21 months of investigation. A seven-hour hearing. “Hundreds” of billable hours spent lawyering. And no evidence from what I can tell that they ever actually refused to serve anyone.

A city agency yesterday dismissed a discrimination complaint against Geno’s Steaks for its speak-English sign, halting a case that thrust shop owner Joey Vento into the national spotlight of the contentious immigration debate.

A split three-member panel of the Philadelphia Commission on Human Relations ruled that a sign in the South Philadelphia cheesesteak shop did not convey a message that service would be refused to non-English speakers…

Had the commission ruled against Geno’s, it could have imposed fines and have moved to revoke Vento’s business license…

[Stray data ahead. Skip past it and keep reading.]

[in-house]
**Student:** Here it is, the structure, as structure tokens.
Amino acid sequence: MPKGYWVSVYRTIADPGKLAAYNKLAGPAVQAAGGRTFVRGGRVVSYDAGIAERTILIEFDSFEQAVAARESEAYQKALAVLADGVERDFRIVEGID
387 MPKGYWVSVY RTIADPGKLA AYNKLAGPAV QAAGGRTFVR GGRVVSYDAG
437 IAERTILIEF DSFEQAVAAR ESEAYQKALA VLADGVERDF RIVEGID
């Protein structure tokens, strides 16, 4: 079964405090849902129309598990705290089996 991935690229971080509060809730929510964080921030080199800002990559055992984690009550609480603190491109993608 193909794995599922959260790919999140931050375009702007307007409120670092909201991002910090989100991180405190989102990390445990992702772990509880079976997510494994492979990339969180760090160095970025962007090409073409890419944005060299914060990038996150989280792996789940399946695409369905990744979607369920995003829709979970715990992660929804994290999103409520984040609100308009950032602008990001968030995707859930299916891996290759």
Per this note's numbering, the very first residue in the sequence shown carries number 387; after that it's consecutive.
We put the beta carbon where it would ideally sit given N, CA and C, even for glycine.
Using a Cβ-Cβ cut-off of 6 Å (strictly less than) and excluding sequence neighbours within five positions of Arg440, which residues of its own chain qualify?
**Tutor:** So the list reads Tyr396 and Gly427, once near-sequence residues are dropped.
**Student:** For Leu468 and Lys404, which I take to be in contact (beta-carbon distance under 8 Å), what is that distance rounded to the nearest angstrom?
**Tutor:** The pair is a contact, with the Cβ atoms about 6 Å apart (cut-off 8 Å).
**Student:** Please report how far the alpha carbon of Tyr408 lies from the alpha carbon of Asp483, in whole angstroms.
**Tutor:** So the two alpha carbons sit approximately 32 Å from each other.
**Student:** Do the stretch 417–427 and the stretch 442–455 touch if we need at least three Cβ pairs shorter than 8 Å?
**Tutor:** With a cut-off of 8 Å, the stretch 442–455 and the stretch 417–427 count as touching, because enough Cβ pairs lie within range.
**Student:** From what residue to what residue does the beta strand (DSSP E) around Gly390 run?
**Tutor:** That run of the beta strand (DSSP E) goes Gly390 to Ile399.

Joseph J. Centeno, a lawyer who chaired the panel, dissented and said the commission had met its burden to prove discrimination, citing testimony from several witnesses at the December hearing that they felt intimidated and unwelcomed by the sign’s message.

One witness, University of Pennsylvania sociology professor Camille Z. Charles, likened the “speak English” signs to “whites only” signs from the Jim Crow era.

Don’t celebrate too much. Here’s the relevant part of the statute at issue, the city’s Fair Practices Ordinance. They simply didn’t have a category available to them to rule the way they would have liked. But statutes can be changed and I’m guessing this one probably will be.

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Does anything good come out of this, aside from a little blog content and a momentary reprieve from anti-assimilationism? Just one thing. Exit question: How hard is it if you don’t speak English to learn how to point and say “cheesesteak”?